Old Age Security Rules (OAS)

Old Age Security Rules (OAS)

The first old-age pension was enacted by the Federal Parliament in 1927. It was jointly financed by Federal and Provincial Governments but administered by the provinces, as pensions were considered a provincial constitutional responsibility at that time. OAS has been amended many times since inception.

The Old Age Security (OAS) program is the biggest component in Canada’s Social Security system. It is a monthly sum of funds that helps provide a minimum quality of life for elderly Canadians.

The program is unrelated to employment history, in contrast to the Canada Pension Plan (CPP). OAS is funded out of the general revenues of the Government of Canada, which means that Canadians do not pay into it directly.


Eligibility for Old Age Security Pension

Source: Government Of Canada

The Old Age Security (OAS) pension is a monthly payment available to seniors aged 65 and older who meet the Canadian legal status and residence requirements.

1. You must be at least 65 years of age.
2. If living in Canada: You must be a Canadian citizen or legal resident and must have lived in Canada for at least 10 years since you turned 18.
3. If living outside Canada: You must have been a Canadian citizen or legal resident before you left Canada and must have resided in Canada for at least 20 years since you turned 18.
4. If you have lived in a country with which Canada has established a social security agreement.

Canadians working outside of Canada for Canadian employers

Canadians working outside Canada for Canadian employers, such as banks, and the armed forces, may have their time working abroad counted as residence in Canada. To qualify for the OAS pension, you must have returned to Canada within six months of ending employment or have turned 65 years old while still employed.

Deferring your Old Age Security pension

Since July 2013, you can defer receiving your OAS pension for up to 60 months (five years) after the date you become eligible for an OAS pension in exchange for a higher monthly amount.

If you delay receiving your OAS pension, your monthly pension payment will be increased by 0.6% for every month you delay receiving it, up to a maximum of 36% at age 70.

If you choose to defer receipt of your OAS pension, you will not be eligible for the Guaranteed Income Supplement (GIS) and your spouse or common-law partner will not be eligible for the allowance benefit for the period you are delaying your OAS pension.

How much could you receive

The amount of your Old Age Security (OAS) pension will be determined by how long you have lived in Canada after the age of 18.
To qualify for a full OAS pension, you must have lived in Canada for at least 40 years after age 18. The maximum as of March 2018 is $586.66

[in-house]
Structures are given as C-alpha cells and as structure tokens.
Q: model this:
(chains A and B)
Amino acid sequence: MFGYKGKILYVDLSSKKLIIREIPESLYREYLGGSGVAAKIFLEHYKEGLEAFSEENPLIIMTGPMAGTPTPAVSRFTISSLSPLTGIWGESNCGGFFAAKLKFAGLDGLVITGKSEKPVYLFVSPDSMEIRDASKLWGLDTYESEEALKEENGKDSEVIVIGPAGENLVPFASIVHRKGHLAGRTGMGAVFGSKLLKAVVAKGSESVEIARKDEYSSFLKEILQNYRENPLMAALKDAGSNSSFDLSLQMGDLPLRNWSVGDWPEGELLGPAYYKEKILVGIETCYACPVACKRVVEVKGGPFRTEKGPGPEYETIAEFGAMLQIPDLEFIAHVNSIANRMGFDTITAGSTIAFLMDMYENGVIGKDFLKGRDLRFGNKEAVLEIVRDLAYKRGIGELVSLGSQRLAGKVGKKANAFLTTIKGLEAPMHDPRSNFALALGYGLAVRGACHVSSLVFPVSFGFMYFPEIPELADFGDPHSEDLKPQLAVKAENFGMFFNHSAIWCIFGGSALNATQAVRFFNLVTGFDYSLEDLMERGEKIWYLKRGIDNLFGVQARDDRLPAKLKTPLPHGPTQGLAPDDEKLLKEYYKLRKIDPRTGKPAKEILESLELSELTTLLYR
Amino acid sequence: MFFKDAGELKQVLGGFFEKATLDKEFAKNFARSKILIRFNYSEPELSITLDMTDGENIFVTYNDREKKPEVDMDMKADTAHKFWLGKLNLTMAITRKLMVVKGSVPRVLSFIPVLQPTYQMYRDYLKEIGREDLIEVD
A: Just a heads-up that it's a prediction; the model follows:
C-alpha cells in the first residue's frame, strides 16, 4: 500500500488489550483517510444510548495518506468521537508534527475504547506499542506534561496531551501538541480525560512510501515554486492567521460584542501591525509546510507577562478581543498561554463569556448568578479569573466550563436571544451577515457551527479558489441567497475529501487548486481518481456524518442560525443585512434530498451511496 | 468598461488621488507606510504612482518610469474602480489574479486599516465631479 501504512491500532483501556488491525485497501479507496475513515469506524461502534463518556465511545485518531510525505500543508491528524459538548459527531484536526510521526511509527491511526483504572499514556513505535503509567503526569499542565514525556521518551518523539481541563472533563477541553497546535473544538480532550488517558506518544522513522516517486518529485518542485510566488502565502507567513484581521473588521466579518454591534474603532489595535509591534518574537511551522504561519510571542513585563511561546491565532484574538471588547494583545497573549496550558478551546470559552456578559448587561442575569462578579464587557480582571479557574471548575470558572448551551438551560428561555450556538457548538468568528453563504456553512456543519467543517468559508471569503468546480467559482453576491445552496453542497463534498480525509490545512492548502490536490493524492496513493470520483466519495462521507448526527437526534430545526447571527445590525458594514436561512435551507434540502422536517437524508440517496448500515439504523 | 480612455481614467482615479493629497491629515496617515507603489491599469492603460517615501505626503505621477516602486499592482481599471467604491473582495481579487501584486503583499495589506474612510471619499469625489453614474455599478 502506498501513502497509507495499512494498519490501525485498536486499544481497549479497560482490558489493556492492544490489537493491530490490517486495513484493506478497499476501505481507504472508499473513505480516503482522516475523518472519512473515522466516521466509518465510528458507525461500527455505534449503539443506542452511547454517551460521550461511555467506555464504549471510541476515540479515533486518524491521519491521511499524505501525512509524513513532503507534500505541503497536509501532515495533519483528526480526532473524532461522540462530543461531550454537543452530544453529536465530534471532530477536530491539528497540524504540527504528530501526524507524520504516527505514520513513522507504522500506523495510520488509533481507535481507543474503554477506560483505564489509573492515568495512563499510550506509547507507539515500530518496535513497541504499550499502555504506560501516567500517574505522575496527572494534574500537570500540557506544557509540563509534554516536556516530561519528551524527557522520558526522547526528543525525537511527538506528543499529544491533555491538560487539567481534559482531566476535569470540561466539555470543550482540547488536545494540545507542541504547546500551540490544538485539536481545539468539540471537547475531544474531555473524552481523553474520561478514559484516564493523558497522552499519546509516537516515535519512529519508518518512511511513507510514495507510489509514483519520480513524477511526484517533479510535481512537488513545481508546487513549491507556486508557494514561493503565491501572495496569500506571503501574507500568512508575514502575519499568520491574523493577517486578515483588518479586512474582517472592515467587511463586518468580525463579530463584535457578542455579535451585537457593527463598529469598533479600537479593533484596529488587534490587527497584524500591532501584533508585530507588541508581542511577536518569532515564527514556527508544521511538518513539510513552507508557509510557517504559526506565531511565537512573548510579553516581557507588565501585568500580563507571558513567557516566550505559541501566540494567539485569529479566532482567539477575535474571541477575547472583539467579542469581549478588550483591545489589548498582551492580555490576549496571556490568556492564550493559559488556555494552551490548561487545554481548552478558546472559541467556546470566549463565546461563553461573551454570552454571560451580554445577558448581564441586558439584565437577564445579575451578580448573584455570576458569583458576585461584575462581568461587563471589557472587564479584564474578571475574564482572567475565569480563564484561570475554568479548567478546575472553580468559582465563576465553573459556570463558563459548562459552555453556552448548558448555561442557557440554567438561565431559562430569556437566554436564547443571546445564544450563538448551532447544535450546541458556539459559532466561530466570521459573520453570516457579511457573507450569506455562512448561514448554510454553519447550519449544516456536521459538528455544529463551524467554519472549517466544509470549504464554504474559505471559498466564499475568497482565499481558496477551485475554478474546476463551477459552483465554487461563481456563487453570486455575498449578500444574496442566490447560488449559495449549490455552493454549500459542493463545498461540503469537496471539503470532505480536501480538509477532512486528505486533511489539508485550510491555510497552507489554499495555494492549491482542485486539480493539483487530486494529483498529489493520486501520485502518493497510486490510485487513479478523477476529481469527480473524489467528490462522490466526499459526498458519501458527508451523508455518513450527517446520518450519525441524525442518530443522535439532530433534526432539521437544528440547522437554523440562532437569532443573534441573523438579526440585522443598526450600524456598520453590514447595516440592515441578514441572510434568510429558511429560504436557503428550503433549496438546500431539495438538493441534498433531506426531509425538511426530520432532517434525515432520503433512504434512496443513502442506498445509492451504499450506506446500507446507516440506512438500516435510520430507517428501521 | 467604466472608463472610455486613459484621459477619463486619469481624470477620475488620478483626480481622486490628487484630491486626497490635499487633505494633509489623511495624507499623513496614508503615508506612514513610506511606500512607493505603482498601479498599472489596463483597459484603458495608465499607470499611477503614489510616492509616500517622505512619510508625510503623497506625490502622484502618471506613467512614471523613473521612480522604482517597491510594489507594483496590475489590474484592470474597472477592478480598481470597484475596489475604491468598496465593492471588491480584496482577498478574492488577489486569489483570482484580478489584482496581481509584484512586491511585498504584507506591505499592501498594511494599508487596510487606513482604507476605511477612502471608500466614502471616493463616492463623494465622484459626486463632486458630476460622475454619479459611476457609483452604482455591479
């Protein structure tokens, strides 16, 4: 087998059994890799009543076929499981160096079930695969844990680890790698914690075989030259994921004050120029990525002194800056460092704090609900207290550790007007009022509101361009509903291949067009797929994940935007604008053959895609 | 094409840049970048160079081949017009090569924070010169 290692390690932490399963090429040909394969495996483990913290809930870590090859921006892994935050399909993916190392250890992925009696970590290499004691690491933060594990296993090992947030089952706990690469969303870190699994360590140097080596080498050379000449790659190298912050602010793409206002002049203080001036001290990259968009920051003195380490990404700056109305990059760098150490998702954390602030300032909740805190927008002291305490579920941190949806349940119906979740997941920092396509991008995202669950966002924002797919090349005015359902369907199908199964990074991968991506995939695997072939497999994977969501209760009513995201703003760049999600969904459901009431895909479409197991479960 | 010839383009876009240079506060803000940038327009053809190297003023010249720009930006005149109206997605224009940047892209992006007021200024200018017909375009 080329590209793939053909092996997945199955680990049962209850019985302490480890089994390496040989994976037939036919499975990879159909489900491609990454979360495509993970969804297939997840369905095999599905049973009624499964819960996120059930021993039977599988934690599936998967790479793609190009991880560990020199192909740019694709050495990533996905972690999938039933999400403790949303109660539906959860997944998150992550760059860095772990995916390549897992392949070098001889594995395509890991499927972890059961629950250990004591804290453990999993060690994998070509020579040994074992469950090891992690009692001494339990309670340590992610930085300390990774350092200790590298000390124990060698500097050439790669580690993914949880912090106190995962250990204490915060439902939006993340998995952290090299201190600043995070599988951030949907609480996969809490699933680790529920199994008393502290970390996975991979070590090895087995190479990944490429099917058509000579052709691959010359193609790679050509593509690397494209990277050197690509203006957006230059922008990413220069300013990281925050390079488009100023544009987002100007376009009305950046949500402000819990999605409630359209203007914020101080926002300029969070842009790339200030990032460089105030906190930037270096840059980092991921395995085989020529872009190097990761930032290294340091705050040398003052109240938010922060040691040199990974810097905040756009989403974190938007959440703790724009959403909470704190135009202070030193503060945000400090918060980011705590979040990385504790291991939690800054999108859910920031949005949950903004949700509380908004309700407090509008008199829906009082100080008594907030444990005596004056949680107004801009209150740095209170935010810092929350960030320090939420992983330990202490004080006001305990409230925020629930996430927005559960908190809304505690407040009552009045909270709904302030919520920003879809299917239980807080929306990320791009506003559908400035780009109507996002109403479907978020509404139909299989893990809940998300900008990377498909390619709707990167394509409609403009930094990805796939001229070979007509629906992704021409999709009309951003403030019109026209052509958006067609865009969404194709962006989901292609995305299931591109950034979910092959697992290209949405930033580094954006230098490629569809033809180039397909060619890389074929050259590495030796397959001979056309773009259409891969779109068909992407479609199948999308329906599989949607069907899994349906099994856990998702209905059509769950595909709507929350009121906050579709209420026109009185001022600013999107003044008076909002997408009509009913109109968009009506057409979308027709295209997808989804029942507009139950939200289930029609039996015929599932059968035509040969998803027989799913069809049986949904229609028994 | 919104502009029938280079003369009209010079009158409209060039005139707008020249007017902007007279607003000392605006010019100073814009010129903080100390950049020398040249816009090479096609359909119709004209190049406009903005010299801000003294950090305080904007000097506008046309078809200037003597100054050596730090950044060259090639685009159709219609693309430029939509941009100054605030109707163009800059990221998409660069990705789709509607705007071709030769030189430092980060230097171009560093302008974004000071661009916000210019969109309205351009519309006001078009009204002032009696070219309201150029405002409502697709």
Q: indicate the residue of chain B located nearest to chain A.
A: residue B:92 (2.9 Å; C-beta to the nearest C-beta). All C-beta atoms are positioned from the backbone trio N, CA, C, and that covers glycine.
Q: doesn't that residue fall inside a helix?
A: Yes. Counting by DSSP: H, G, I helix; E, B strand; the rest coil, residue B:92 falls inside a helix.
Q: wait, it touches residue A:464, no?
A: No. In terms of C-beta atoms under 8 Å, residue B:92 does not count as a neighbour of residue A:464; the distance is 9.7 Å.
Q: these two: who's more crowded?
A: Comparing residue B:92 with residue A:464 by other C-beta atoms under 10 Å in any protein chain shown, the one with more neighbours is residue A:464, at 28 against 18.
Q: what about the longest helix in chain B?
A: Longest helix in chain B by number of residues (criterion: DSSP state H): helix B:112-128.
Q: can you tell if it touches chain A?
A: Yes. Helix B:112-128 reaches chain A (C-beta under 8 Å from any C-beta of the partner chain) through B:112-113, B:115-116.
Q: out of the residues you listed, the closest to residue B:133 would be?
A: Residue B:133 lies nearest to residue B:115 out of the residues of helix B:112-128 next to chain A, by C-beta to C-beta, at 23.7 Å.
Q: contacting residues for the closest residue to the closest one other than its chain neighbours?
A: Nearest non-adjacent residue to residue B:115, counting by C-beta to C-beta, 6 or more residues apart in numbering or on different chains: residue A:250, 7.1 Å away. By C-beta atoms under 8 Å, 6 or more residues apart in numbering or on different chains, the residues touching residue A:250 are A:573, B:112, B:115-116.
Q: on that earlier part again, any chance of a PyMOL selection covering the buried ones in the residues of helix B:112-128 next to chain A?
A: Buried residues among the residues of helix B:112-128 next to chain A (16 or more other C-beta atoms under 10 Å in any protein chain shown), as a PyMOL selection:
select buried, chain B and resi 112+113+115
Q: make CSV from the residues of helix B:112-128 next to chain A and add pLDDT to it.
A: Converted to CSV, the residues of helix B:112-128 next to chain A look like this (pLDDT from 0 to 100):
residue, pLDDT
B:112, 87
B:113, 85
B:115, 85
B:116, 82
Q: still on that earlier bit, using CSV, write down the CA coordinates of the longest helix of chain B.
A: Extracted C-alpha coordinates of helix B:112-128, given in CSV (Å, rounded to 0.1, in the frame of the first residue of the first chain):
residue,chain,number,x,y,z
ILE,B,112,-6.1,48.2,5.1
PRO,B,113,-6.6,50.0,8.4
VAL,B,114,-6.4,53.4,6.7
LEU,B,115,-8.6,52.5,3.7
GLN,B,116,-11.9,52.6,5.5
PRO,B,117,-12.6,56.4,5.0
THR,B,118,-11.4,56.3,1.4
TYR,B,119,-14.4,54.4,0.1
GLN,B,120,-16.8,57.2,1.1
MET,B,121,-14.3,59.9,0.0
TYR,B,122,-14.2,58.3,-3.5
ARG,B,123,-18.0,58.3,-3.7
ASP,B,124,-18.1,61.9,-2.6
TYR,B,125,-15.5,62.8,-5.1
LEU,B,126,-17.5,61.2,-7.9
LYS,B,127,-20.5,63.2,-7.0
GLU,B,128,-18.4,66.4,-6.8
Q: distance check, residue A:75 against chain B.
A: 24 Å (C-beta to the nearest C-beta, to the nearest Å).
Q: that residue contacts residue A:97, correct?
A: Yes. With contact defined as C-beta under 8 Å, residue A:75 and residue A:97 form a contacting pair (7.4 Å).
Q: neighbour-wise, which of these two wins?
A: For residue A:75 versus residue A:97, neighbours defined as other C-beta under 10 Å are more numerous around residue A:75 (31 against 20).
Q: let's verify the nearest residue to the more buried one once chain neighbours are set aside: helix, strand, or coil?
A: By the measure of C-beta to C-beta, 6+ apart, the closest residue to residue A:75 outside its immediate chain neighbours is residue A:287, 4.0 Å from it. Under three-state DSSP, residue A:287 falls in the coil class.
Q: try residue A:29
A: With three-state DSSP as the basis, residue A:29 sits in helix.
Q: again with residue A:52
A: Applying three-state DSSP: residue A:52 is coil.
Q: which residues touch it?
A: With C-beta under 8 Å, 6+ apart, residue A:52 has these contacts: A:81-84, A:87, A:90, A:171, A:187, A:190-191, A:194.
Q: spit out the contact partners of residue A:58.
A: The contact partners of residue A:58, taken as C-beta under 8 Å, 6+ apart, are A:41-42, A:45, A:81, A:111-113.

You will receive a partial pension benefit if you haven’t resided in Canada for the full 40 years. The partial pension benefit is 1/40th of the full pension amount for each complete year you lived in Canada after age 18
OAS benefits are adjusted quarterly, if there are increases in the cost of living as measured by the Consumer Price Index.

OAS Clawback

Your OAS benefit may be reduced by a clawback if your net income for the previous calendar year exceeds $75,910 (2018). If your net income exceeds this amount, you must pay back 15% on the excess income up to a maximum of the total OAS benefit received.

Final Thoughts

The OAS combined with your Canadian Pension Plan(CPP)Registered Retirement Savings Plan (RRSP) and Tax Free Savings Account (TFSA) will for the majority of Canadians finance their retirement needs. Taking the time to plan and understand how each works is a must for an accurate retirement plan.


Don’t wait for retirement to enjoy life !!


    • Thanks Tom,
      In Canada our CPP is in good shape. But the OAS is funded from general revenue, so I am hopeful it will still be as good when I go to collect. The amount of debt all governments have is a concern.

  1. I like that the GIS is available to all Canadians in old age, and together with the GIS and other supplemental incomes, serve as a soft landing to ensure that we have fewer senior Canadians living in poverty.

    Good summary!

    • I agree the three pillars OAS, GIS and the CPP will at least give a minimum quality of life for retirees. Thanks Enoch

  2. Thanks for the summary this complements your CPP post very well!

    $75,910 <— I will try and have less than this in retirement so my OAS is not clawed back too much.

    • Thanks GYM, if you can you should definitely try to stay under the $75,910 clawback. Another reason to love the TFSA !

    • Hi Caroline,

      It is critical to maximize tax efficiency and minimize clawback. A good retirement plan can save you thousands of dollars.

  3. Great info and summary here about OAS, Steve!

    The good thing is that TFSA isn’t counted as income so that would be a great tool to use at the same time!

    I just realized over the weekend that time is seriously flying by super quick and that it’s never too early to start nailing these retirement concepts into my head…… serious though, where is time going these days?? 😩

    • Hi Panda,
      TFSA are an awesome tool for retirement planning !
      I am older so I have to start keeping up to date with the rules and changes with the retirement programs. Time does fly by.

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